WASHINGTON — President Donald Trump began fulfilling a promise to facilitate the firing of federal workers Friday, quietly signing a set of executive orders to rewrite the government's employment rules.
The three actions, two of which crack down on federal employee unions, are designed to "make it easier for agencies to remove poor-performing employees and ensure that taxpayer dollars are more efficiently used," Andrew Bremberg, director of the White House Domestic Policy Council, told reporters.
In his State of the Union address in January, Trump asked Congress to give Cabinet secretaries more power over the employees of their agencies. Even though, as president, he has tended to avoid firing top officials face to face — and these moves will certainly affect less high-profile cases — the president who made a name for himself by saying "you're fired" contestants on his TV show "The Apprentice" has often spoken publicly about his desire to fire, and exultation in firing, well-known employees who aren't doing his bidding.
For example, when FBI Deputy Director Andrew McCabe was removed from his post earlier this year, Trump called it "a great day for democracy." He fired former FBI Director James Comey and has mused about getting rid of many of his Cabinet secretaries, including Attorney General Jeff Sessions.
The first of the three orders directs the Office of Personnel Management to revise existing rules so that the time an employee under review has to show improved performance is reduced from a 60-to-120 day window to 30 days.
The second requires federal agencies to renegotiate union contracts with an eye toward cost savings, according to senior administration officials.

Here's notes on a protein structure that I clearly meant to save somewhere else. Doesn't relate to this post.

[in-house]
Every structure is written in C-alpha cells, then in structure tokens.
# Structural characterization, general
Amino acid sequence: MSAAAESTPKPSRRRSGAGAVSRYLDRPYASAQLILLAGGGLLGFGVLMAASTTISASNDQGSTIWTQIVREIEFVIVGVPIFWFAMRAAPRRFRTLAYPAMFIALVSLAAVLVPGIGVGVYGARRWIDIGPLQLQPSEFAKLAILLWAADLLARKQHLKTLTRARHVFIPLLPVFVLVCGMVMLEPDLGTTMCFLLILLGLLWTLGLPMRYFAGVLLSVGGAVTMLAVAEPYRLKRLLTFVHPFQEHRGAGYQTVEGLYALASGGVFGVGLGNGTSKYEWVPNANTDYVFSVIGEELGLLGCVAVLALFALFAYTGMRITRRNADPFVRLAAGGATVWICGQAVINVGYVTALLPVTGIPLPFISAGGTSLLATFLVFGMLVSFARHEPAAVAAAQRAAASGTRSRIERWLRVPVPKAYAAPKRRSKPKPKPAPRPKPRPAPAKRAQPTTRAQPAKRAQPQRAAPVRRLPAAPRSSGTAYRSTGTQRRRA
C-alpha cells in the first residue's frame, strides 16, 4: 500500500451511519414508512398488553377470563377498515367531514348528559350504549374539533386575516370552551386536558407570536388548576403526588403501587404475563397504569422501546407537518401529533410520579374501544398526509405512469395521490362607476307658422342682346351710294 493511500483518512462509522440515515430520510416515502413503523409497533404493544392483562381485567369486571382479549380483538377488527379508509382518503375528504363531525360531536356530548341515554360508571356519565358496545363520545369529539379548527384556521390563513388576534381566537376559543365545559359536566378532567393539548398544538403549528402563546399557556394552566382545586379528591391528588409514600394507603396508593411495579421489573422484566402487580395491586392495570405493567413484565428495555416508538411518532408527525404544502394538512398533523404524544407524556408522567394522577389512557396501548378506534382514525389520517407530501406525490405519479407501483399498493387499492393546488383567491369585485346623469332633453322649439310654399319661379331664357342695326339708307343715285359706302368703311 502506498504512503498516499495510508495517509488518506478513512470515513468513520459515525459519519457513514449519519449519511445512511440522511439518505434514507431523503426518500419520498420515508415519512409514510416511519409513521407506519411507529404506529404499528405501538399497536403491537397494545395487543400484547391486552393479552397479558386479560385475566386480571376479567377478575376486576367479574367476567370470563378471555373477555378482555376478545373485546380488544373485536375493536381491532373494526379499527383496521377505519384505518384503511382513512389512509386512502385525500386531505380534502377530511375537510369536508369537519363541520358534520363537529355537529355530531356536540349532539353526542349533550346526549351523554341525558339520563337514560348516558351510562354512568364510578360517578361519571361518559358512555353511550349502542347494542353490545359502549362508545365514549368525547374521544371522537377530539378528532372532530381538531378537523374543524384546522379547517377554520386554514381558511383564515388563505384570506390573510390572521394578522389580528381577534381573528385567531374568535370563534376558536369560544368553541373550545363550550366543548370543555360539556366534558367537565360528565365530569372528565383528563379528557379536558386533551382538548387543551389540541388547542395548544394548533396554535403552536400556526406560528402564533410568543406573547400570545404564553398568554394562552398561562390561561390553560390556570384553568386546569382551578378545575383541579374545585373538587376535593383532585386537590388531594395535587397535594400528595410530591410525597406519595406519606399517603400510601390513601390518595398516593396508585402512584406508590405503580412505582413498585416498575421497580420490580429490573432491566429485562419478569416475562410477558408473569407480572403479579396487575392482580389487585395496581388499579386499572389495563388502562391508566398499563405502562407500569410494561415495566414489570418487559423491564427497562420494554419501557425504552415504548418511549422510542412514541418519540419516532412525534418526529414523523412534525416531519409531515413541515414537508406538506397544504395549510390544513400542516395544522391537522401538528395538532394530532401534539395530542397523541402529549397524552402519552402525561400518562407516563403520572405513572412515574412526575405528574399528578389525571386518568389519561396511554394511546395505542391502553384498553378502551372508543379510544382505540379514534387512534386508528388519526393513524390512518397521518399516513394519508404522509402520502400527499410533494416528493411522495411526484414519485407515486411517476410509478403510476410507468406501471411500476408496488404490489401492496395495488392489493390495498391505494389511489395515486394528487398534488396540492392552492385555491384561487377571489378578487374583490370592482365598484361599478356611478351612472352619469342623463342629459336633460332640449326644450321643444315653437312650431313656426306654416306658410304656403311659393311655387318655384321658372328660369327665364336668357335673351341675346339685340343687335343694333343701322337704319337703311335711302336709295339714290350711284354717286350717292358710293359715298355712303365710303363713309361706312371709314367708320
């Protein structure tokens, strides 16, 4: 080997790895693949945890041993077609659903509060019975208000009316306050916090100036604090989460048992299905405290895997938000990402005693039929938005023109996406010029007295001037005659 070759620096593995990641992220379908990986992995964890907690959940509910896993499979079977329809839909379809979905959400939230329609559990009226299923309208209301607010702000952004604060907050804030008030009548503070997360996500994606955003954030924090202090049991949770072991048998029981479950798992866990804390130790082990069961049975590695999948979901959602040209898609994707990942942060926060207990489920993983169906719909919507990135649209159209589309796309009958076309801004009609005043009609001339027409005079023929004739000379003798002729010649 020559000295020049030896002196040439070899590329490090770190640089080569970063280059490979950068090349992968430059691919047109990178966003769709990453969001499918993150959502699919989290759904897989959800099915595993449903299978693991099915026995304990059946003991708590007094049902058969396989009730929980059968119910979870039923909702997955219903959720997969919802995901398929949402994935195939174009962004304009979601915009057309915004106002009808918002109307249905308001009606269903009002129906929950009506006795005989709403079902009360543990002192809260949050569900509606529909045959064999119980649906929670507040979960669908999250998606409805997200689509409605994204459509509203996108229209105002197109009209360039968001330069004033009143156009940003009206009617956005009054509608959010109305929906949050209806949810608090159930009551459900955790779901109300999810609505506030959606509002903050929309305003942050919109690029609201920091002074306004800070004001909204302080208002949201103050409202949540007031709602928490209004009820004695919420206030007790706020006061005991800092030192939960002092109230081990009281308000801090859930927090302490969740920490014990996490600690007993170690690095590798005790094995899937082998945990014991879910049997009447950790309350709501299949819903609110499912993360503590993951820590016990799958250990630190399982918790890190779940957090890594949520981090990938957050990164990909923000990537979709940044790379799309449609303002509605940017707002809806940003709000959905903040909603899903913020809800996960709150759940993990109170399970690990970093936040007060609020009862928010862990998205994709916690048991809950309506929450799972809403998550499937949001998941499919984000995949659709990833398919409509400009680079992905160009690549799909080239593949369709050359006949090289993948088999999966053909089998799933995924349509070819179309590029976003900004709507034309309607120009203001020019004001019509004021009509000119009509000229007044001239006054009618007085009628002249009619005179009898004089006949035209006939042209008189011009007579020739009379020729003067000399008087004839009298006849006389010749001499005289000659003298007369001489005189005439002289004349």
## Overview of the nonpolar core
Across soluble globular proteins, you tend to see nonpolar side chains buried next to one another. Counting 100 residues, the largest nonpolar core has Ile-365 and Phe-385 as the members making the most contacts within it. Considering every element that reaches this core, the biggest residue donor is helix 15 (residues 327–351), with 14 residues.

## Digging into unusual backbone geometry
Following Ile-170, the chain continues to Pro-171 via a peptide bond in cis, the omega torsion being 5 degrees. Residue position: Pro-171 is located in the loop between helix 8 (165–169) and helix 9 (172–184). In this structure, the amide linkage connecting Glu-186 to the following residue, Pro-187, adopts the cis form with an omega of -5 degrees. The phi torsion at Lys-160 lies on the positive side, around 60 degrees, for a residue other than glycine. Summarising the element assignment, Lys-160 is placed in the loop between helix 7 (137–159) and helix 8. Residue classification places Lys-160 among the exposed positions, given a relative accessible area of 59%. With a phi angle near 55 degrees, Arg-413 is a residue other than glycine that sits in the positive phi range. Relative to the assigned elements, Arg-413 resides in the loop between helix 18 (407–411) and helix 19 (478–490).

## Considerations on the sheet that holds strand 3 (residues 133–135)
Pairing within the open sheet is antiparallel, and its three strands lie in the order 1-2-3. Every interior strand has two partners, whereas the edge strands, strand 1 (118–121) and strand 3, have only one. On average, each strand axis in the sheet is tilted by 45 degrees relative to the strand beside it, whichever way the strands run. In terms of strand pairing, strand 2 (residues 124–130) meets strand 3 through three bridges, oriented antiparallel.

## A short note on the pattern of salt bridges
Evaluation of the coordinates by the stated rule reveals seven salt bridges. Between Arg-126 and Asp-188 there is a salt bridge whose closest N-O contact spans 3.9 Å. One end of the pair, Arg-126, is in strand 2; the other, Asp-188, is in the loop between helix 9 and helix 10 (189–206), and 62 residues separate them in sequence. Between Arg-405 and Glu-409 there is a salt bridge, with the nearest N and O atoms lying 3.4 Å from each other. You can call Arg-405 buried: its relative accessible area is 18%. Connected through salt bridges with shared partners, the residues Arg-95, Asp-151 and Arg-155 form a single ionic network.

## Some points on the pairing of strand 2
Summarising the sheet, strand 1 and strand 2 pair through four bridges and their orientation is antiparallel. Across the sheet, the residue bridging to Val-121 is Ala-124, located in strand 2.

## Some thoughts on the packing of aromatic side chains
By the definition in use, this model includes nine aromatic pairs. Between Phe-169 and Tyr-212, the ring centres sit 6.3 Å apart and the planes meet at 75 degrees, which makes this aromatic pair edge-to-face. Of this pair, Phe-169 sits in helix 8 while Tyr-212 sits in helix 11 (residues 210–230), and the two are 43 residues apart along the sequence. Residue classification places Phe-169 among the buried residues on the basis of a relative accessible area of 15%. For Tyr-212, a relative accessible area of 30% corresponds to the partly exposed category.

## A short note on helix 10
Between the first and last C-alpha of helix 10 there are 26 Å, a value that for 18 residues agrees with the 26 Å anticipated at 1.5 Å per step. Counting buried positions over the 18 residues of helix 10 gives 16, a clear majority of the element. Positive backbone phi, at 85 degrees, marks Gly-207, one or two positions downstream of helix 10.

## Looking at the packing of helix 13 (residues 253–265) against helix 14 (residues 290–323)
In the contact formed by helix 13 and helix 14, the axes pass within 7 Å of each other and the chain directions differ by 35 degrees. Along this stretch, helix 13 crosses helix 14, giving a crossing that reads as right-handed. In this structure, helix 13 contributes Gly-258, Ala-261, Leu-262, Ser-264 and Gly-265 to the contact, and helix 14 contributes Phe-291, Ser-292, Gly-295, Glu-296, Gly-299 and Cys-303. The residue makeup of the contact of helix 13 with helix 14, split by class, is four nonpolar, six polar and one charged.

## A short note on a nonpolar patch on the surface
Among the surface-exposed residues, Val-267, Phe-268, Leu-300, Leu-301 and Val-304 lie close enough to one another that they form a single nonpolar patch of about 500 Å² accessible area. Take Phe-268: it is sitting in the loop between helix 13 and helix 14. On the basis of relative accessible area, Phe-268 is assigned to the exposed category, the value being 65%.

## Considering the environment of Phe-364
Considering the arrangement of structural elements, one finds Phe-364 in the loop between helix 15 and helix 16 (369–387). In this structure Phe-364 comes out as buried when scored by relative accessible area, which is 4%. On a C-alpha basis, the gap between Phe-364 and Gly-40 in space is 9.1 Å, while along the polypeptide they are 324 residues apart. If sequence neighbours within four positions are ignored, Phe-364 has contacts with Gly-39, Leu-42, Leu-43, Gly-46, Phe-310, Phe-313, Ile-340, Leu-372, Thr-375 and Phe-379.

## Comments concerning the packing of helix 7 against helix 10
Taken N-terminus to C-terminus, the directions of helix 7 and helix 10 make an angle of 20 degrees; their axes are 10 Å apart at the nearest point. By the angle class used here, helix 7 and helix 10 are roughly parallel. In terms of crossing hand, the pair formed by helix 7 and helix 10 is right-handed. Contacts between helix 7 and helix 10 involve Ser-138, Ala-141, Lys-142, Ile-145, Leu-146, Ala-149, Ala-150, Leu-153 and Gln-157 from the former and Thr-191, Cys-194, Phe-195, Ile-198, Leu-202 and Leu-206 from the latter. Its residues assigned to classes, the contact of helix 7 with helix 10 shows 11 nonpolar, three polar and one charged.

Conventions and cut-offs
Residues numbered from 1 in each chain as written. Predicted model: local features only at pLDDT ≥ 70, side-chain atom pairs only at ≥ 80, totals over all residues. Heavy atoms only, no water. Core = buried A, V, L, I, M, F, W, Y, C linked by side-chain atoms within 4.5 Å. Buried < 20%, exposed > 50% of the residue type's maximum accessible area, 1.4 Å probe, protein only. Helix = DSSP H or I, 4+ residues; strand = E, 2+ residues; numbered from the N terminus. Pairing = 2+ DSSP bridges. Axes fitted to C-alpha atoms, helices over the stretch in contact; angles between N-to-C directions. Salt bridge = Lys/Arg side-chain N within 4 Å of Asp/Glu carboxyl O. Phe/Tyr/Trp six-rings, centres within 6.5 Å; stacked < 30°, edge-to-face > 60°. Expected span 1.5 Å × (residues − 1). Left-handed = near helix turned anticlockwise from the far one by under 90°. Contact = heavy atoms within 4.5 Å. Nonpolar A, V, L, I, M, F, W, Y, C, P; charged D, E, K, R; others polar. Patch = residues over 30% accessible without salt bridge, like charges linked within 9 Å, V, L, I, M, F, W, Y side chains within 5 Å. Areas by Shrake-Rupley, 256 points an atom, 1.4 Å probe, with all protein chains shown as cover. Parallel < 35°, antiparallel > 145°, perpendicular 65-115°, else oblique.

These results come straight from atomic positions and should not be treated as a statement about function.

And the third is designed to reduce the amount of time federal workers can spend on union business, the officials said on a conference call with reporters. It aims to limit the non-agency work of federal employees to 25 percent of their time and prevent taxpayers from subsidizing appeals lodged by unionized workers and activities the administration said amount to "lobbying" by federal workers who are in unions.
"Federal employees will no longer be allowed to lobby Congress while in a paid-duty status, unless they're doing it as a part of, say, legislative affairs or their official duties," a senior administration official said.
It is already illegal for White House and agency employees to use appropriated funds to lobby Congress, even if they work in legislative affairs offices.
But a White House official said that the Federal Labor Relations Authority has ruled that "lobbying on union time" is not prohibited by anti-lobbying laws.
In effect, the new rule could make it harder for federal workers to discuss policy and employment issues with lawmakers and their staffs.
Lee Saunders, president of the American Federation of State, County and Municipal Employees, slammed the executive orders.
"It is shameful that this administration continues to undermine the important services and vital contributions our federal workers provide to the American people every day," Saunders, whose union represents some federal employees, said in a statement. "These workers protect our national security and ensure that our communities run smoothly. For their service they deserve respect, not a constant barrage of attacks on their freedom to join together in strong unions and speak up together to deliver better services.”